Recently I was asked something like this: “Which individuals, living or dead, have been most influential in shaping your understanding of pastoral ministry?” A very good question, that.
To reflect upon an answer is to recognize the debt I owe to so many who will never know the contribution they have made.
A name that was immediately placed on the list was that of John R. W. Stott. Stott was an Anglican preacher and scholar (now retired) and has had a worldwide ministry through his published works and speaking engagements. He qualifies under the ‘living’ category of the above question, but obviously his impact on my life has not been the result of personal contact.
My earliest recollection of reading anything by him dates to the fall of 1978. Barb and I, newly married, were pondering seriously a perceived call to missions. So, to help us process that perception, I was reading Stott’s Christian Mission in the Modern World.
The result of those musings led us to the 1979 Urbana Missions Convention sponsored by InterVarsity Christian Fellowship. The morning Bible exposition was provided by Dr. Stott. So, for five straight days we were able to hear him preaching on the book of Romans. One could not escape his deep concern for the glory of God nor his deep respect for the integrity and content of Scripture.
As a pastor I have had the opportunity to preach through many books of the Bible. On several occasions, Dr. Stott has been my companion and guide. His commentaries (particularly I am thinking here of those on The Sermon on the Mount and Acts) always combine scholarly rigor and theological and pastoral insight and wisdom.
Through a long and careful ministry, Dr. Stott has won the respect of many. But according to David Brooks writing in the NY Times a few years ago, too many have chosen to ignore him.
Ten or fifteen years ago I bought and read Dr. Stott’s book on preaching, titled in the US Between Two Worlds: the Art of Preaching in the Twentieth Century. When one finds a mentor, it is good to spend time with that mentor. From such visits, one does not necessarily extract concrete plans and specific ideas. One may through such contact simply inherit a way of thinking and a general approach. That has been my experience of time spent with John Sott.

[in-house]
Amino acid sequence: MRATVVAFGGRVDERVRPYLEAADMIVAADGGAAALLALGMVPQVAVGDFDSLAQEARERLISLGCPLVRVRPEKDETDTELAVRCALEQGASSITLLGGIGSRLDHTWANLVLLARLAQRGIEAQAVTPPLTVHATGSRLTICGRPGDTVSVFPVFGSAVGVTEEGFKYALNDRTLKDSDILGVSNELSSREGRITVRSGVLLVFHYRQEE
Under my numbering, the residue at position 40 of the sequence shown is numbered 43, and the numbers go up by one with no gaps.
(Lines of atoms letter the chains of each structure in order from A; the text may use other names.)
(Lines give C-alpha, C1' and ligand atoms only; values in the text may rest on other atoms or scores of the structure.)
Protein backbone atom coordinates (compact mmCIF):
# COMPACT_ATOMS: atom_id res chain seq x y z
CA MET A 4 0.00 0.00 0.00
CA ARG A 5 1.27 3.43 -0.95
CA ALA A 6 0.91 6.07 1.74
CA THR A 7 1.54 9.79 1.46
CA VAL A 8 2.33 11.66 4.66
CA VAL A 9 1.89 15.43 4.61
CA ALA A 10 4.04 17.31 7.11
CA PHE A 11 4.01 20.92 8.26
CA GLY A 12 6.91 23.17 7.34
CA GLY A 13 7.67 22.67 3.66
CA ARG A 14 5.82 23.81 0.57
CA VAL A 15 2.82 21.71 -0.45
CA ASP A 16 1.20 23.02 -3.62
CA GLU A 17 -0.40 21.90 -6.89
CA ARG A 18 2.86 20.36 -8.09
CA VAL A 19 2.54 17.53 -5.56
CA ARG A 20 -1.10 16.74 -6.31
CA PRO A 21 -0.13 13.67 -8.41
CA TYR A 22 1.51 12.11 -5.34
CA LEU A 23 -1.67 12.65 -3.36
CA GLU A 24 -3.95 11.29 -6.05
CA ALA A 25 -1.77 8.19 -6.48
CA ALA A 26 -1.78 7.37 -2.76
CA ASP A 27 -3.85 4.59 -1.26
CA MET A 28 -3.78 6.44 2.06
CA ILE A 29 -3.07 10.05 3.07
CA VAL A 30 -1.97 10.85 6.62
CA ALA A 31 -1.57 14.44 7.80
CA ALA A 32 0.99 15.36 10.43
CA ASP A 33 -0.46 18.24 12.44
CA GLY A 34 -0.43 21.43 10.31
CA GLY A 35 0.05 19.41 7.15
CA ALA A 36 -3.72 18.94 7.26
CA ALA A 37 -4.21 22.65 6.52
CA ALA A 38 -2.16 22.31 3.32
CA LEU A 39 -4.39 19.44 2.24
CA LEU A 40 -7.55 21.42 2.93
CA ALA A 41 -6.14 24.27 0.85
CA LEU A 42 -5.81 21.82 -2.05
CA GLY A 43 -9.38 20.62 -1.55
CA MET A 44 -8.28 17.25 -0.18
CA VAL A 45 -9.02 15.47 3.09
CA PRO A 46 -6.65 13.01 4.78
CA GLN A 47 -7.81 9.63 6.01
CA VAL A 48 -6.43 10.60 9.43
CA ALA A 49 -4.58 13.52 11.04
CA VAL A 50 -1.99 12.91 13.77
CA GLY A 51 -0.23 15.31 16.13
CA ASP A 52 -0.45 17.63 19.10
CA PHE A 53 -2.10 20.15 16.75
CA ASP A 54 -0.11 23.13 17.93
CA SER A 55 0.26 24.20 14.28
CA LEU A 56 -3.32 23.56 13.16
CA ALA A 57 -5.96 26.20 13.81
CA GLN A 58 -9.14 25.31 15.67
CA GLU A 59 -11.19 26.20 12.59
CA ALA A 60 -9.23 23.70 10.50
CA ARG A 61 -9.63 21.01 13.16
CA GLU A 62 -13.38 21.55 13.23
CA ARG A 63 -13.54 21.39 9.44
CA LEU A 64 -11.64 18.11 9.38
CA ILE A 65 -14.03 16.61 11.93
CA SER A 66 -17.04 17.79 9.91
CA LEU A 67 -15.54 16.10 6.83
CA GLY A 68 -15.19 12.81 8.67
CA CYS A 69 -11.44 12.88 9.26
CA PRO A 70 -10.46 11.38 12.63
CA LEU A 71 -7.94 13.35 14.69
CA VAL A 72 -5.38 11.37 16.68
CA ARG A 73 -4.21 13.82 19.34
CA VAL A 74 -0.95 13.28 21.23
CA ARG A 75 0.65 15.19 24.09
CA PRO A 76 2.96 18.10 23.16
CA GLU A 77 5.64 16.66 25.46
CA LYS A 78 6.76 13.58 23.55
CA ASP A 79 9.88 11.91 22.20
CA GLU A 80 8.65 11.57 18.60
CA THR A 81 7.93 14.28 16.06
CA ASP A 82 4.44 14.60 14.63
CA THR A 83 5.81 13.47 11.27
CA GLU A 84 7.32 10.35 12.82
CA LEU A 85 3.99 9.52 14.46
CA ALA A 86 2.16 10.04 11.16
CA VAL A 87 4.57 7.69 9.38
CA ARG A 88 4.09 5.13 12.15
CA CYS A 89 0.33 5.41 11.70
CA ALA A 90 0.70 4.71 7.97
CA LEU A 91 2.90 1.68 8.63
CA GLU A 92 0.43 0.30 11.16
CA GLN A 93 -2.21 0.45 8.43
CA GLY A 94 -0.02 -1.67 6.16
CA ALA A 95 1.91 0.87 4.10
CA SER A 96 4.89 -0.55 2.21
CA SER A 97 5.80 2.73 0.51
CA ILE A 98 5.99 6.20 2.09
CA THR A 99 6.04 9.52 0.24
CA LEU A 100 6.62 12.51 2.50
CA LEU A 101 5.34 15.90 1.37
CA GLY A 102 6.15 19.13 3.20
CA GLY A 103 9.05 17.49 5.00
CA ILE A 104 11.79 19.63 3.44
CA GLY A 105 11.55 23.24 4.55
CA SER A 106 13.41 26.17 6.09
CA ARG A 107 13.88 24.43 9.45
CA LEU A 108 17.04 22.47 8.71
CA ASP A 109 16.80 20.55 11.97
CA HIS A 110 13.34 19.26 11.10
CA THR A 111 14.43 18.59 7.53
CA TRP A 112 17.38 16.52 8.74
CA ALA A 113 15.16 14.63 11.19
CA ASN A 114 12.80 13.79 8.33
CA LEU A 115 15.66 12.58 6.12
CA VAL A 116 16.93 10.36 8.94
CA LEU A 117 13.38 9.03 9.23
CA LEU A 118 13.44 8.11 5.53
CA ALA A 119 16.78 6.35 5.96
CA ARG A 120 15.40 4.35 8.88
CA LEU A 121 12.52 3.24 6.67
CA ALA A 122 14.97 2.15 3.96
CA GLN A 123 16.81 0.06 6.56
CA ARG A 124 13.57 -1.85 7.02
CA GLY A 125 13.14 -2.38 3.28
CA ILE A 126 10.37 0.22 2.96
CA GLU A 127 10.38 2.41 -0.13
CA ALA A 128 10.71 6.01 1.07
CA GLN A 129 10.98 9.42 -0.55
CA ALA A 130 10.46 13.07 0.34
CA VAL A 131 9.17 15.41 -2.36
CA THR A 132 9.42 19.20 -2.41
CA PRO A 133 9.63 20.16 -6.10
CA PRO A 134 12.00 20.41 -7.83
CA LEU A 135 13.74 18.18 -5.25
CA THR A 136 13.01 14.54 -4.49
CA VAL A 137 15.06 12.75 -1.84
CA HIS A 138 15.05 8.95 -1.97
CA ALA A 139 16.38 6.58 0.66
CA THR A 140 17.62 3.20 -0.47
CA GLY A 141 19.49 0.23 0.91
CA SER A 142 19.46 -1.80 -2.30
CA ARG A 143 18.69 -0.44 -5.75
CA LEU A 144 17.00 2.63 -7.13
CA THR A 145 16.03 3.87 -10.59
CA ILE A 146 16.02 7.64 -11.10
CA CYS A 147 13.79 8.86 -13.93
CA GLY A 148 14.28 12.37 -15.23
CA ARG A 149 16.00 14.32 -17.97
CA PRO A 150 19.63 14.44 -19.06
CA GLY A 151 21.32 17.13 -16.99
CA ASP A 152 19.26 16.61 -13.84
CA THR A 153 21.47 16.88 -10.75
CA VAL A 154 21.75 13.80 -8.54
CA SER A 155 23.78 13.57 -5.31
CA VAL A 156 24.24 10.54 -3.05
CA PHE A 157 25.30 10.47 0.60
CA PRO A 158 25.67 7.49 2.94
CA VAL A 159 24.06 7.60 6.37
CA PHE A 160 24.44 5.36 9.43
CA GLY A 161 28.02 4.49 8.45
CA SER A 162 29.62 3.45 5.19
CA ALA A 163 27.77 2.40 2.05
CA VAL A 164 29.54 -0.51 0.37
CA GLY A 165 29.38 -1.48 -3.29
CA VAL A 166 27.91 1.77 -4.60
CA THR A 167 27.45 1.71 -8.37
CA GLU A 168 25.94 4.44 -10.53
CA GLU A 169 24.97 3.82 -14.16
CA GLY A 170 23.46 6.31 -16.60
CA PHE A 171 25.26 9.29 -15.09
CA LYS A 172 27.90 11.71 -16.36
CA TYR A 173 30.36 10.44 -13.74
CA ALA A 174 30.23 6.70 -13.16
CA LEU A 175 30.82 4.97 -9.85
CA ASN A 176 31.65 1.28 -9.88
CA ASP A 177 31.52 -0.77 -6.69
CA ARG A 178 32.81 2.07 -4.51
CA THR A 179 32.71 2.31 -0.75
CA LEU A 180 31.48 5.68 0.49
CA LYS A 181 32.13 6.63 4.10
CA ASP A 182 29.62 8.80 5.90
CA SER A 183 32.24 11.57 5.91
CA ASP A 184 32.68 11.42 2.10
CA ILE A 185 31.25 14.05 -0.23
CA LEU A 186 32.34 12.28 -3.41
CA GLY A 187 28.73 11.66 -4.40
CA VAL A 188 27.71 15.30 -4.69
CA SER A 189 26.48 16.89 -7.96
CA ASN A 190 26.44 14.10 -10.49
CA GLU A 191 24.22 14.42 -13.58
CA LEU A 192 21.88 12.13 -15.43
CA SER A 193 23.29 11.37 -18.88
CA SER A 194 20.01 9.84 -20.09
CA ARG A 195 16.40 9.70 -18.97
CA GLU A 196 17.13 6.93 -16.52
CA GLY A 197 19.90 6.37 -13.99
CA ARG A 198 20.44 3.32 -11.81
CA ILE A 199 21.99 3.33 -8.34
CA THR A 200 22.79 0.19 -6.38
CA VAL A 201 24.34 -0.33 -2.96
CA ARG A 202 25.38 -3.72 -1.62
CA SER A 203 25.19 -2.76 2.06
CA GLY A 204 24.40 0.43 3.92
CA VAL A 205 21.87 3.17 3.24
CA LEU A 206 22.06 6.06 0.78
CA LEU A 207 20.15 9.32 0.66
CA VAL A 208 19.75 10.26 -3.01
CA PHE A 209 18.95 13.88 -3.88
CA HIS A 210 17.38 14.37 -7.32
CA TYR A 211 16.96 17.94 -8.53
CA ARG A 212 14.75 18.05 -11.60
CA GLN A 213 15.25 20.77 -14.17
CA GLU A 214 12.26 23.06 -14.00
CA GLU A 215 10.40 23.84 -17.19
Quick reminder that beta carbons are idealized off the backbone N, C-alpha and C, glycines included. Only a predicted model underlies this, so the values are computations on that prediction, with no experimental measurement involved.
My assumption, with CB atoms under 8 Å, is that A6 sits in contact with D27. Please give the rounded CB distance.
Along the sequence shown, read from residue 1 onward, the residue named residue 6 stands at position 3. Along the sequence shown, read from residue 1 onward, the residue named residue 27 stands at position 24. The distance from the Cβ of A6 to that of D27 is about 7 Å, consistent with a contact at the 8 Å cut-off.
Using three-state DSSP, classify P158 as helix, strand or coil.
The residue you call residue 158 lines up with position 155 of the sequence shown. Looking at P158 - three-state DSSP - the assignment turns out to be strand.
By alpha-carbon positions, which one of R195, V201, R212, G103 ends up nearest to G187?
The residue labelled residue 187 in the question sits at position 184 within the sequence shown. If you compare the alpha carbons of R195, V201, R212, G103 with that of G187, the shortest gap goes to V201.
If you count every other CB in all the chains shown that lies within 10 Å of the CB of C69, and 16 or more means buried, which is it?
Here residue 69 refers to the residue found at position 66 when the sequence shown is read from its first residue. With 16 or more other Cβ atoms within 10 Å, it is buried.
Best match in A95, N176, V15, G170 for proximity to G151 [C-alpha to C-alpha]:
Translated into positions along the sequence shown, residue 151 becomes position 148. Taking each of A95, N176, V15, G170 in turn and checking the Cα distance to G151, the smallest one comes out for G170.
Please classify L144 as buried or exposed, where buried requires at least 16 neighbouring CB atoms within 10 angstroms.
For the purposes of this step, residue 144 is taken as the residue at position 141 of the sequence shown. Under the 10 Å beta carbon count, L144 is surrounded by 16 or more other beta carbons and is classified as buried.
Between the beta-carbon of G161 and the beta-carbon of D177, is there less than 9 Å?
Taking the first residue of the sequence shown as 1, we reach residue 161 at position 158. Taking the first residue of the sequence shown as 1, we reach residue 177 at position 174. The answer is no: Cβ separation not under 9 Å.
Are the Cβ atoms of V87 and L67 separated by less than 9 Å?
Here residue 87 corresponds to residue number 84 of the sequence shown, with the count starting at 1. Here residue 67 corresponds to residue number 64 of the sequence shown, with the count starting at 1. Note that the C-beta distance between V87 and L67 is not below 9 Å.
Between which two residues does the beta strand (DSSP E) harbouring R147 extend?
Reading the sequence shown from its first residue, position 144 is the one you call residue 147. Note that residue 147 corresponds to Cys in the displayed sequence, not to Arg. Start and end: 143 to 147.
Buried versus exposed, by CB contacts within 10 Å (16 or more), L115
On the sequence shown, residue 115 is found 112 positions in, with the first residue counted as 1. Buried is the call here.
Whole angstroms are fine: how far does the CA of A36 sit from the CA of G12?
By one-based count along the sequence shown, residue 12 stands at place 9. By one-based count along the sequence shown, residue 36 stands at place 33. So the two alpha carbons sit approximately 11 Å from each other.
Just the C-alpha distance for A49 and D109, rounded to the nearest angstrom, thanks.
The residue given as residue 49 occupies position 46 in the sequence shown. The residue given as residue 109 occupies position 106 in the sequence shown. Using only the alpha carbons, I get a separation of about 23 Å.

I chose recently to read this book again, to revisit Dr. Stott as he speaks in a passionate and personal way about the practice and power of preaching.
It has been a good, worthwhile, humbling, and challenging visit. As I’ve re-read the book, there are times I’ve had to simply go for a walk and ponder the significance of Dr. Stott’s wisdom for my own practice and approach.
These recent visits with Dr. Stott have spawned a number of reflections on the subject of preaching which I intend to post as a series for the next, oh, dozen or so Fridays. I worry that those who are not preachers will assume that these posts will be of no usefulness to them. Please do not think that. Yes, there will be much that applies to the practice of preaching. But the thread that unites it all is the nature of preaching, all the way down to the last, which I intend to entitle “The Art of Sleeping in Church.”
Though the posts will not always mention John Stott, and they will not necessarily reference the book at all, they have each of them been stimulated by the book. I picture this as you and I having conversation (which, of course, I have to initiate) after having visited with the retired master. I hope we continue, together, to learn from him.